The Saskatchewan Teachers’ Federation has initiated a second five-day countdown toward further job action following a one-day general walkout on Tuesday, January 16. A release from the STF on Wednesday, January 17 indicates that the Government has refused to give its bargaining committee a new mandate to continue talks. The notice also follows Minister of Education Jeremy Cockrill’s assertion to the mediate that class size and composition was a “line in the sand” that government would not step away from.  

The release notes that the specific nature of the job action, which will begin on Monday, January 22 unless talks resume, be revealed no less than 48 hours prior to it taking effect.  

“The Minister of Education says that issues like class size and complexity are best dealt with locally. We agree, but local boards cannot address these issues when they are dealing with a decade of budget cuts and drastic underfunding from the provincial government,” said Saskatchewan Teachers’ Federation President Samantha Becotte. “We cannot solve these issues with more committees or one-off pilot projects in a small fraction of our schools. We need irrefutable commitments and long-term funding, and our best option to hold government accountable is through our collective agreement. The Conciliation Board agrees that these are bargainable items. Yesterday, Canadian Teachers’ Federation President Heidi Yetman shared that many provinces have negotiated class size and complexity articles, so this is not a novel or new idea.”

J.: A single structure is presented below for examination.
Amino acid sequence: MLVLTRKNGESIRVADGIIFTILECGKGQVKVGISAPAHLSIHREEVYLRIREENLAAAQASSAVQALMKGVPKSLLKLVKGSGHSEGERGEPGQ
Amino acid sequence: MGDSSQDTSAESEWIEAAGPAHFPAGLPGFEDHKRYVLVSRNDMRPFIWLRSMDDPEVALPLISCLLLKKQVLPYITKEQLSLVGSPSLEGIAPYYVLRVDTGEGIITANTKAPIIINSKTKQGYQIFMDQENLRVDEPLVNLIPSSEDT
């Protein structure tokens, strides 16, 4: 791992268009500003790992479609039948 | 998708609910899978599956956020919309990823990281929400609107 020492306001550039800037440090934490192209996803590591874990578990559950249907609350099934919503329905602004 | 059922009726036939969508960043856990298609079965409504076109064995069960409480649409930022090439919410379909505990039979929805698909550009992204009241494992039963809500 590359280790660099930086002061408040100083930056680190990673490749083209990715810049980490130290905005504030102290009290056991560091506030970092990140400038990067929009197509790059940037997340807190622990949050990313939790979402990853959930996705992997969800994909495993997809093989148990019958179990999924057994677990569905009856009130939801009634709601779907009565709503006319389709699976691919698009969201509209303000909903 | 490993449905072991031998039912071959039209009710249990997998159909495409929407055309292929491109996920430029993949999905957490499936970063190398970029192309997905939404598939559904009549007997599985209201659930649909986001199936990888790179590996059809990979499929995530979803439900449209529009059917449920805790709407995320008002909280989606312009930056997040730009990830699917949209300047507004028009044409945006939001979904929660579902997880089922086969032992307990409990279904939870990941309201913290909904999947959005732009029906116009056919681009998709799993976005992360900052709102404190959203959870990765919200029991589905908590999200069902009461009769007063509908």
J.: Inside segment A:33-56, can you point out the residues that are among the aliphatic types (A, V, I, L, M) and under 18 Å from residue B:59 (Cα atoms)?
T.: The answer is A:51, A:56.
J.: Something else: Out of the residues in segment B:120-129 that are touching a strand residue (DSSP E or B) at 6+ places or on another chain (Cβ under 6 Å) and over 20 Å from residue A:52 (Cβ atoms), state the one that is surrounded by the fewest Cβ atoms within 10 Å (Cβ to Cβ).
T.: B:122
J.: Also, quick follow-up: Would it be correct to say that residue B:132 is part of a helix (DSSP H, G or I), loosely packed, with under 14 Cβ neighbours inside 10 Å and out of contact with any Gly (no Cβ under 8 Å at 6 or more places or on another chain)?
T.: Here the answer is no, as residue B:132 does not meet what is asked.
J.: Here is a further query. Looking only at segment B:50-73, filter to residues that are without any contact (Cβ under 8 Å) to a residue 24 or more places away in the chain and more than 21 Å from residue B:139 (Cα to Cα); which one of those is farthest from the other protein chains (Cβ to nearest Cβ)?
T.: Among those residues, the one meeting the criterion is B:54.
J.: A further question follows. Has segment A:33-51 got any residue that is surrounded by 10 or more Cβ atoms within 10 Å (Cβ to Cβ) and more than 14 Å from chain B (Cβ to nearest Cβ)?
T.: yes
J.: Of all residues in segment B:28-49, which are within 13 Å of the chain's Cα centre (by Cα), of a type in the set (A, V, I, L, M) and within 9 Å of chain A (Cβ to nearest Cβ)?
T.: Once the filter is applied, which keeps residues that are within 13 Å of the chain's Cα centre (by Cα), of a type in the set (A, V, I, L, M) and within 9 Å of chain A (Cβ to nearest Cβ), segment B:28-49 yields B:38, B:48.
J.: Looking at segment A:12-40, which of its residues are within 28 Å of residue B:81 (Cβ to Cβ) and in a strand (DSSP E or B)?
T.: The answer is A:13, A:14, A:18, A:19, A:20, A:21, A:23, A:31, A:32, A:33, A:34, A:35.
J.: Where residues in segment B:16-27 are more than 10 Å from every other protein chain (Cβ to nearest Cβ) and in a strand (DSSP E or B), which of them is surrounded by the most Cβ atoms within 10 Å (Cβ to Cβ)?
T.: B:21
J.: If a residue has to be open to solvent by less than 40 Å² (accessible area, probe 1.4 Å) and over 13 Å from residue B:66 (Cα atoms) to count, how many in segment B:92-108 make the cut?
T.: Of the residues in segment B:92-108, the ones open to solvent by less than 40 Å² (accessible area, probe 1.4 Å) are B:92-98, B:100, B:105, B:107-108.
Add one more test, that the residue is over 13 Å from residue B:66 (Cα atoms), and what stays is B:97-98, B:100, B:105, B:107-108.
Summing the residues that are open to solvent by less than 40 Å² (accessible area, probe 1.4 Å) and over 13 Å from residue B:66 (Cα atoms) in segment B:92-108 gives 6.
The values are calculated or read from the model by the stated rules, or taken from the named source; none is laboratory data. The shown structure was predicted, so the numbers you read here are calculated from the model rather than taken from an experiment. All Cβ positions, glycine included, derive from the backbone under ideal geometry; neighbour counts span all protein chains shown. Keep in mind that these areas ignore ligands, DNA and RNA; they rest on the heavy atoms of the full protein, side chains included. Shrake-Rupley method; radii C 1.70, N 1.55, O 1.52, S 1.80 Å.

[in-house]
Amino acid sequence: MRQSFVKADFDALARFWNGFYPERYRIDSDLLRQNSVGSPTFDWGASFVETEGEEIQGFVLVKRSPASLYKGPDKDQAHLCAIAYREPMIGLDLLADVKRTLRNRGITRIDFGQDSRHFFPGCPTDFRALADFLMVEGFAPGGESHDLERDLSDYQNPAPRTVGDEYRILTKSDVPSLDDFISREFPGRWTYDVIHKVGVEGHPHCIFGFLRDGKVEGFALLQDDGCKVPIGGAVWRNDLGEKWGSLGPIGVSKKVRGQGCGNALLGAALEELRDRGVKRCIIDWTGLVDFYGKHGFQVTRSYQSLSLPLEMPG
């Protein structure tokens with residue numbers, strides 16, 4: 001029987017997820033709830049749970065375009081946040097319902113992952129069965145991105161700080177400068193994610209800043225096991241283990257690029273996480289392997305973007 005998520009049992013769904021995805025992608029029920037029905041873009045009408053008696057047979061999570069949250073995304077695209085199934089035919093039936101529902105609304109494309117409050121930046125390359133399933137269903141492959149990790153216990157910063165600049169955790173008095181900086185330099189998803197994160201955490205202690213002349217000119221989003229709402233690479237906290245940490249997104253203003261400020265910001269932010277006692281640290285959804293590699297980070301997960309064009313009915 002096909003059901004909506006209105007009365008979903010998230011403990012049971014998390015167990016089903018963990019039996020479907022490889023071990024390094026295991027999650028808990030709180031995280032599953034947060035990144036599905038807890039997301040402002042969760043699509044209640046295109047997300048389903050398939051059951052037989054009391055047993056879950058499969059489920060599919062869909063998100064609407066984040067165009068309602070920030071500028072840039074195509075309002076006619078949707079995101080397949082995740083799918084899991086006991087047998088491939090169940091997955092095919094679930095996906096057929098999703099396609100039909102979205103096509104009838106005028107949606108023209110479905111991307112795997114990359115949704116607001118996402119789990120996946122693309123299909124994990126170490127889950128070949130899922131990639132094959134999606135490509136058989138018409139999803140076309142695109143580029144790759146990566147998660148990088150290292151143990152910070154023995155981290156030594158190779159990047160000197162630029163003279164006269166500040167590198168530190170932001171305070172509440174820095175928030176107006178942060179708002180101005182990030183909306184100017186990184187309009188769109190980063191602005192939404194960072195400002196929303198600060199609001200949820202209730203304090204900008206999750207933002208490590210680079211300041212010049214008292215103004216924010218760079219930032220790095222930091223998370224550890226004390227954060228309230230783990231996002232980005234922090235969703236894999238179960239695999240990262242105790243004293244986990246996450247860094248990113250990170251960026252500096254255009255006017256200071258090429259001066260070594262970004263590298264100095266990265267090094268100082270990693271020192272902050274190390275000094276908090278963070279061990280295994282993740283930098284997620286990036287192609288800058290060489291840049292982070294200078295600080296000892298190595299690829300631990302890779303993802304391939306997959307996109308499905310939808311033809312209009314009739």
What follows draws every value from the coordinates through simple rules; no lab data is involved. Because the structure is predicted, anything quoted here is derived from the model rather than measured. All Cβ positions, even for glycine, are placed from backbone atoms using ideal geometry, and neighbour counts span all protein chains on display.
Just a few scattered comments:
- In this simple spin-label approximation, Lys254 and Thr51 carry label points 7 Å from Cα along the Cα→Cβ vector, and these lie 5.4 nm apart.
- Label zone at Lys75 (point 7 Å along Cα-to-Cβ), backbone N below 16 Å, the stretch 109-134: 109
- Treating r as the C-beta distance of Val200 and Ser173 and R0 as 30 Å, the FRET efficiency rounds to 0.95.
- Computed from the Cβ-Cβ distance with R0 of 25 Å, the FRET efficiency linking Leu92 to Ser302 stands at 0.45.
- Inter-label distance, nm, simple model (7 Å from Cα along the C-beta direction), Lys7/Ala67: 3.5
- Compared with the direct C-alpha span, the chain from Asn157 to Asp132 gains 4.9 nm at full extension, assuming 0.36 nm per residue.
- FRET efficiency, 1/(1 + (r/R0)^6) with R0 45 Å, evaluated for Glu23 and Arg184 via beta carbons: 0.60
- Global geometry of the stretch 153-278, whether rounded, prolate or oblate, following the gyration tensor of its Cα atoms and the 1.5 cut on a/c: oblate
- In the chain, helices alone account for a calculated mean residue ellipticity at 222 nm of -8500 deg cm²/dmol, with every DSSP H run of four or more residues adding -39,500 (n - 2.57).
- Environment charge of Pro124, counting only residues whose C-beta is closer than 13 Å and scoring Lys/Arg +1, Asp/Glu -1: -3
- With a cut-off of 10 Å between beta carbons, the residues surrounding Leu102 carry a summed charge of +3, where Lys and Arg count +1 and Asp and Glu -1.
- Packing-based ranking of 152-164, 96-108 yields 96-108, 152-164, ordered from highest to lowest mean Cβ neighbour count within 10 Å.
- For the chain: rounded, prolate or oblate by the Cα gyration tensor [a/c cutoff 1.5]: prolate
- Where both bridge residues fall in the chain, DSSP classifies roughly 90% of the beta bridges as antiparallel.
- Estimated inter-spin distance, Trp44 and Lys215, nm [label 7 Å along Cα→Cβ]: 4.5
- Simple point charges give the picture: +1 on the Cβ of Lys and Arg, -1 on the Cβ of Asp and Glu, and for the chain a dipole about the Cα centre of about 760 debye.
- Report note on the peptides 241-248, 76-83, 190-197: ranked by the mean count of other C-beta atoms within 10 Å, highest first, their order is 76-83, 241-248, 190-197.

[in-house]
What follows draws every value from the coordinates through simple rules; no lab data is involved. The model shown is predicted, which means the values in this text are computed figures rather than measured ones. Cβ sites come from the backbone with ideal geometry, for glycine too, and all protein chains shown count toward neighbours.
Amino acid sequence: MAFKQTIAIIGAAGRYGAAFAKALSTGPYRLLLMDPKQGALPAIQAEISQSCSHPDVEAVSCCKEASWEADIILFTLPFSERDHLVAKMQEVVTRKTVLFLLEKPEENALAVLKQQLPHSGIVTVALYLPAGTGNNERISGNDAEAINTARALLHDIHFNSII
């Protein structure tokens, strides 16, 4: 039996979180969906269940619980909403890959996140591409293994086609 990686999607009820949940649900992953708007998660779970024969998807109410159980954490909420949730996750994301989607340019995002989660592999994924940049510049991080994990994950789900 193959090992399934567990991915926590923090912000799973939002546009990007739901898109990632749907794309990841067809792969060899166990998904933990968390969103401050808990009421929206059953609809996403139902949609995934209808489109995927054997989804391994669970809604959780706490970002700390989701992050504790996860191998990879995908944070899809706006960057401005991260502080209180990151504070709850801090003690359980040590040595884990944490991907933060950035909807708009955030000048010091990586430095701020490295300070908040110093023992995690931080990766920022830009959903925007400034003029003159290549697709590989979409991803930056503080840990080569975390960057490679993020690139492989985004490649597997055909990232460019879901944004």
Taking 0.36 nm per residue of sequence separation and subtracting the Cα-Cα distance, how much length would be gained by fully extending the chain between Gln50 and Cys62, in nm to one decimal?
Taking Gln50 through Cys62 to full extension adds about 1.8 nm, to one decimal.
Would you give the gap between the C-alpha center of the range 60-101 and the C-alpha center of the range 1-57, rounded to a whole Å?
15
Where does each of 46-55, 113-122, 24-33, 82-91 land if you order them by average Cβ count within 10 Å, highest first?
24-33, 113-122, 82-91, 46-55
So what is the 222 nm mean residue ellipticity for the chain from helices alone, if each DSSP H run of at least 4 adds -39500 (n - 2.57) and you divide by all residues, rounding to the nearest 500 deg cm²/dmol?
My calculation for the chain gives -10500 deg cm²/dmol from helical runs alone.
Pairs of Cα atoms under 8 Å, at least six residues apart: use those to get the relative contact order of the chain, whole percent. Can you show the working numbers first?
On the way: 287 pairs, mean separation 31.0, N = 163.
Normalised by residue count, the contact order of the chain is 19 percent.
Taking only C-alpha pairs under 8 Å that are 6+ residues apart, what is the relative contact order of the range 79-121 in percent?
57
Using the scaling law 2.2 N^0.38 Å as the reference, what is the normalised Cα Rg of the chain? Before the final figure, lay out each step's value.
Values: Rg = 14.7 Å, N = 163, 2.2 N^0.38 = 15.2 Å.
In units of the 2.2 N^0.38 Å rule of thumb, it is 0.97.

In addition to the walkout on Tuesday, which saw widespread public support throughout the province, Becotte said that in less than a week, over 11,000 emails have been sent to Education Minister Jeremy Cockrill and Premier Scott Moe, encouraging them to get back to the table and bargain in good faith. She cited over 7,700 people who joined STF’s public rally and mini rallies across the province, and over 3,300 letters that were delivered to the Legislative Building in Regina on Tuesday. 

Becotte sent thanks to those supported the teachers on the line, along with the Canadian Teacher’s Federation and other teachers’ organization who chimed in with messages of support.  

“We are ready to work together, negotiate and find solutions whenever the government is willing to actually bargain – day or night,” Becotte concluded. “Teachers are taking action for students, and we need our government to do the same.”